Two Sotheby’s auctions, held back-to-back on June 26 in London, reflected just how nimble the houses have become, particularly in the post-pandemic era. Sotheby’s main sale of modern and contemporary art directly followed a smaller sale of ultra-contemporary lots (The Now). The mix of works was wide-ranging and there was no shortage of powerhouse offerings.
With nearly 60 lots on offer in the latter evening sale, auctioneer Helena Newman deftly orchestrated the proceedings, moving at a rapid clip; the sale clocked in at just under two hours.
A pricey Klimt portrait set a new high-water mark for the European market, breaking the 12-year-old record for the priciest work sold at auction on the continent (a rank previously held by Alberto Giacometti’s sculpture . But there was more to the sale than the headline news.
Below, the story by the numbers…
Total Sales After Fees: £190,320,940 ($241,929,227)
Lots Sold Including Guaranteed Lots: 50
Lots on Offer Before Withdrawals: 60
Lots Withdrawn Presale: 1
Lots Bought In: 9
Sell-through Rate Counting Withdrawals: 83 percent
Sell-through Rate Excluding Withdrawals: 85 percent
Hammer Total: £136.98 million ($165.3 million)
Presale Low Estimate Before Withdrawals: £155.5 million to £197.5 million ($198.2 million to $251.8 million)
Hammer Total vs. Presale Low Estimate: -£18.52 million
Total Low Estimate of Withdrawn Lots: £1 million
Total Low Estimate of Guaranteed Lots: £111.6 million
Lots With House Guarantees: 1
Total Low Estimate of Third-Party Guaranteed Lots: £107.6 million ($137.2 million)
Lots with Third-Party Guarantees: 22
Top seller: Gustav Klimt, (1917-18) hammered at £74 million (£85.3 million after fees)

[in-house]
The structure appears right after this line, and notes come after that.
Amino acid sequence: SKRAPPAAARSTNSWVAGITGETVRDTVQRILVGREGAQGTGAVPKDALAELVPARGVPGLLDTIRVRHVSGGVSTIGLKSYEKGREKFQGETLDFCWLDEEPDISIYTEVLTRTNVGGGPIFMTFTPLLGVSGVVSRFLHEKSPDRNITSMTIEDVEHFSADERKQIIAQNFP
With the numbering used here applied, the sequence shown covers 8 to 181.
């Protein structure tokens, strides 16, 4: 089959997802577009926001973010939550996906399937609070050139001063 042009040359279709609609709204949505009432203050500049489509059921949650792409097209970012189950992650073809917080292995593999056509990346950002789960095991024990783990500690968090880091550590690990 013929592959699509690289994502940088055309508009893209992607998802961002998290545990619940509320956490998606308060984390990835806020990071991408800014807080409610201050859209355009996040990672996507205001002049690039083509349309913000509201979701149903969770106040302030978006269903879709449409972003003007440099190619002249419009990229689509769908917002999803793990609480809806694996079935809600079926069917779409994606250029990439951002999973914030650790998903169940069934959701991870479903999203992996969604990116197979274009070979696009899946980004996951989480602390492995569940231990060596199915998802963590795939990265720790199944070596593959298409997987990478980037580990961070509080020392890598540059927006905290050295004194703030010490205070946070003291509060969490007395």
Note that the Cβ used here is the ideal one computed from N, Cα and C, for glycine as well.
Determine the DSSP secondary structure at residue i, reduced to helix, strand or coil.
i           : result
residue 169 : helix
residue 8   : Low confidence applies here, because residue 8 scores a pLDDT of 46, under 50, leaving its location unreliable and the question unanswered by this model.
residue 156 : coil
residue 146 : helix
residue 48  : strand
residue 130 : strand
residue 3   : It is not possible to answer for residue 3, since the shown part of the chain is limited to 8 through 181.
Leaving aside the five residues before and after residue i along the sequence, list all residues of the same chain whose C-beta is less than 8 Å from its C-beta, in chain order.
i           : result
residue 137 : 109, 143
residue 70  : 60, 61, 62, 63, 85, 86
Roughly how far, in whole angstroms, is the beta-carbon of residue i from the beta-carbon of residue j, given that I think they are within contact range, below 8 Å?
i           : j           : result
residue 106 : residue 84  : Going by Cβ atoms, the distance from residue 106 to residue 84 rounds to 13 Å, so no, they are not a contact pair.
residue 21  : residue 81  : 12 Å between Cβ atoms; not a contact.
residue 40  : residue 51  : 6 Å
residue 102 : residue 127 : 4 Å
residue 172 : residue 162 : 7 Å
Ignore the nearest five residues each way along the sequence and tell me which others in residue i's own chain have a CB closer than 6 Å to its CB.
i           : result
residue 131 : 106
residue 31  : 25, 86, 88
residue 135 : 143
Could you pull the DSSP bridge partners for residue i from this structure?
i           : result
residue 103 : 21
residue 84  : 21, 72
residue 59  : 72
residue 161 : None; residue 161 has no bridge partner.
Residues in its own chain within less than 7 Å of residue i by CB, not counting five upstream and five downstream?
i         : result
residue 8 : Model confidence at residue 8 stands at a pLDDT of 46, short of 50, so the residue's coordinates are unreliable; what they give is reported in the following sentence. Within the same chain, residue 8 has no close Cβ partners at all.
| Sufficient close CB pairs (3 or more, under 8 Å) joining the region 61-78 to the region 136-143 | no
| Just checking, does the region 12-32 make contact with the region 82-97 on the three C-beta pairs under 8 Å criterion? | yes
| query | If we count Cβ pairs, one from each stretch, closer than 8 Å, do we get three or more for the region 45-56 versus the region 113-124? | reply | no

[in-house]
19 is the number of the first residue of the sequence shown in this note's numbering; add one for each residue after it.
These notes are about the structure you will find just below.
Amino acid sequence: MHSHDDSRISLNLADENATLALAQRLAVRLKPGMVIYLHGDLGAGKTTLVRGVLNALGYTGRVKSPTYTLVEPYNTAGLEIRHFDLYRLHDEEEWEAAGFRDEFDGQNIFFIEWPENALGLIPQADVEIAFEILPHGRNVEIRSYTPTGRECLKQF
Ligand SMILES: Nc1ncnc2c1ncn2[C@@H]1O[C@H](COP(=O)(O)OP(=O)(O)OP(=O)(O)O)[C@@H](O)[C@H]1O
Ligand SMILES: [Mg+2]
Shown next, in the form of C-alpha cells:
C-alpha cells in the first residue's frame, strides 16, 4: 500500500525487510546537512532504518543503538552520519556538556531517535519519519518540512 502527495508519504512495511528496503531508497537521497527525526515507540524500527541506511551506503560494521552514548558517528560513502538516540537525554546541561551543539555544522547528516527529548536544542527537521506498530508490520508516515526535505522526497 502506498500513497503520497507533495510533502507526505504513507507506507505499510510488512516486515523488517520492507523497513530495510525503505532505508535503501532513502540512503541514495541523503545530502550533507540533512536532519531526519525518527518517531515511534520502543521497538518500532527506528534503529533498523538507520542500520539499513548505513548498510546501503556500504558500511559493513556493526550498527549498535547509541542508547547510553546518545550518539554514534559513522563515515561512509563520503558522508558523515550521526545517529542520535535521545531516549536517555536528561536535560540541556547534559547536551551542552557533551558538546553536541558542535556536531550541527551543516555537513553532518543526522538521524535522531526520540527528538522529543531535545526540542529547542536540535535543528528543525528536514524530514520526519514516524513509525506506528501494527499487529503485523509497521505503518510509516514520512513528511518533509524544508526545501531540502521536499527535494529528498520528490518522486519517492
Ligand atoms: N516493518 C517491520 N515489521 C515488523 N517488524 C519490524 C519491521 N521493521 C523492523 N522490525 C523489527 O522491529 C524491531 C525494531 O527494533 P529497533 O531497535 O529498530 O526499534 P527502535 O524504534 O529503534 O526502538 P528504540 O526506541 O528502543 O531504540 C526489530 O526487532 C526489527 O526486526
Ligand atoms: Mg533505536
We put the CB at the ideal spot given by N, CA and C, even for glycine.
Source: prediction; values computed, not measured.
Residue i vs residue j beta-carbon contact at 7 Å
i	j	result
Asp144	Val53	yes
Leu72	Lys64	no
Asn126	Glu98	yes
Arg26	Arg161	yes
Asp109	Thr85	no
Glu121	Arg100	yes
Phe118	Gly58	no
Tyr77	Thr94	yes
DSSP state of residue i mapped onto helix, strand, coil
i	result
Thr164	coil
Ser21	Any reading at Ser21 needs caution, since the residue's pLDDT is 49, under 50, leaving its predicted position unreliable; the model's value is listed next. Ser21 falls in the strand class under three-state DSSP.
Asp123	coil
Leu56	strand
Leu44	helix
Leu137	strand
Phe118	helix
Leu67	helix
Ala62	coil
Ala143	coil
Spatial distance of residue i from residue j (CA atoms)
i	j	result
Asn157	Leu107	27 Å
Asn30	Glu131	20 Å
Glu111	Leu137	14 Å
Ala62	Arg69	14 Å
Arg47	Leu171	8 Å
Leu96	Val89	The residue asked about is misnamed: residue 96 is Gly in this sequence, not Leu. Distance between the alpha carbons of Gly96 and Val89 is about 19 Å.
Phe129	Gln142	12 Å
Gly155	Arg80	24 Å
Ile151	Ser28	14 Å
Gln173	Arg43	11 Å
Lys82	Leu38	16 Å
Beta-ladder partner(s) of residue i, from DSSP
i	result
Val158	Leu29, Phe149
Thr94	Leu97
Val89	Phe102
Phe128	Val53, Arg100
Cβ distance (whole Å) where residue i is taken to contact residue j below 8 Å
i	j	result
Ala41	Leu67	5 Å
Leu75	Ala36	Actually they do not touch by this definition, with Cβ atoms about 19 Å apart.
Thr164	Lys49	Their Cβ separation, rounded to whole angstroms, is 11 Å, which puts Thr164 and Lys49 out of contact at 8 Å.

Quote of the Night: Newman proudly pronounced the Klimt portrait as “the most valuable ever sold in Europe,” as the room erupted into applause after a ten-minute bidding war. Earlier in the sale there was momentary confusion over a Renoir painting that Newman initially announced as a withdrawn lot, but she quickly recovered and confidently stated, amid murmuring in the room : “Why would we withdraw this wonderful Renoir?” Why indeed? The portrait, (1877) went on to hammer down for £1.2 million.
The slim offering of ultra-contemporary art that kicked off the afternoon under the label The Now was trimmed back even further at the start of the sale, when it was revealed that three lots had been withdrawn. With that out of the way, auctioneer Michael Macauley sped through the 14 remaining offerings in just under 40 minutes. Demand for the lots on offer seemed generally robust.
Here’s how the data shook out…
Total Sales After Fees: £8.7 million ($11 million)
Lots Sold Including Guaranteed Lots: 13
Lots on Offer Before Withdrawals: 17
Lots Withdrawn Presale: 3
Lots Bought In: 1
Sell-through Rate Counting Withdrawals: 76 percent
Sell-through Rate Excluding Withdrawals: 93 percent
Hammer Total: £7.02 million ($8.9 million)
Presale Low Estimate Before Withdrawals: £6.6 million to £9.9 million ($8.4 million to $12.6 million)
Hammer Total vs. Presale Low Estimate: +£420,000 ($535,000)
Total Low Estimate of Withdrawn Lots: £440,000 ($561,000)
Total Low Estimate of Guaranteed Lots: £3.5 million ($4.4 million)
Lots With House Guarantees: 0
Total Low Estimate of Third-Party Guaranteed Lots: £3.5 million ($4.4 million)
Lots with Third-Party Guarantees: 2
Top seller: Mark Bradford, (2018) hammered at £2.5 million (£3 million after fees)
Quote of the Night: When a woman seated in the room won Simone Yvette Leigh’s sculpture (2015), for a hammer price of £380,000, there was a pause in the proceedings as she either didn’t have a paddle or couldn’t seem to locate her paddle number for the required callout at the end of the bidding activity. Auctioneer Macauley assured her there was no worry, adding “We know you very well.”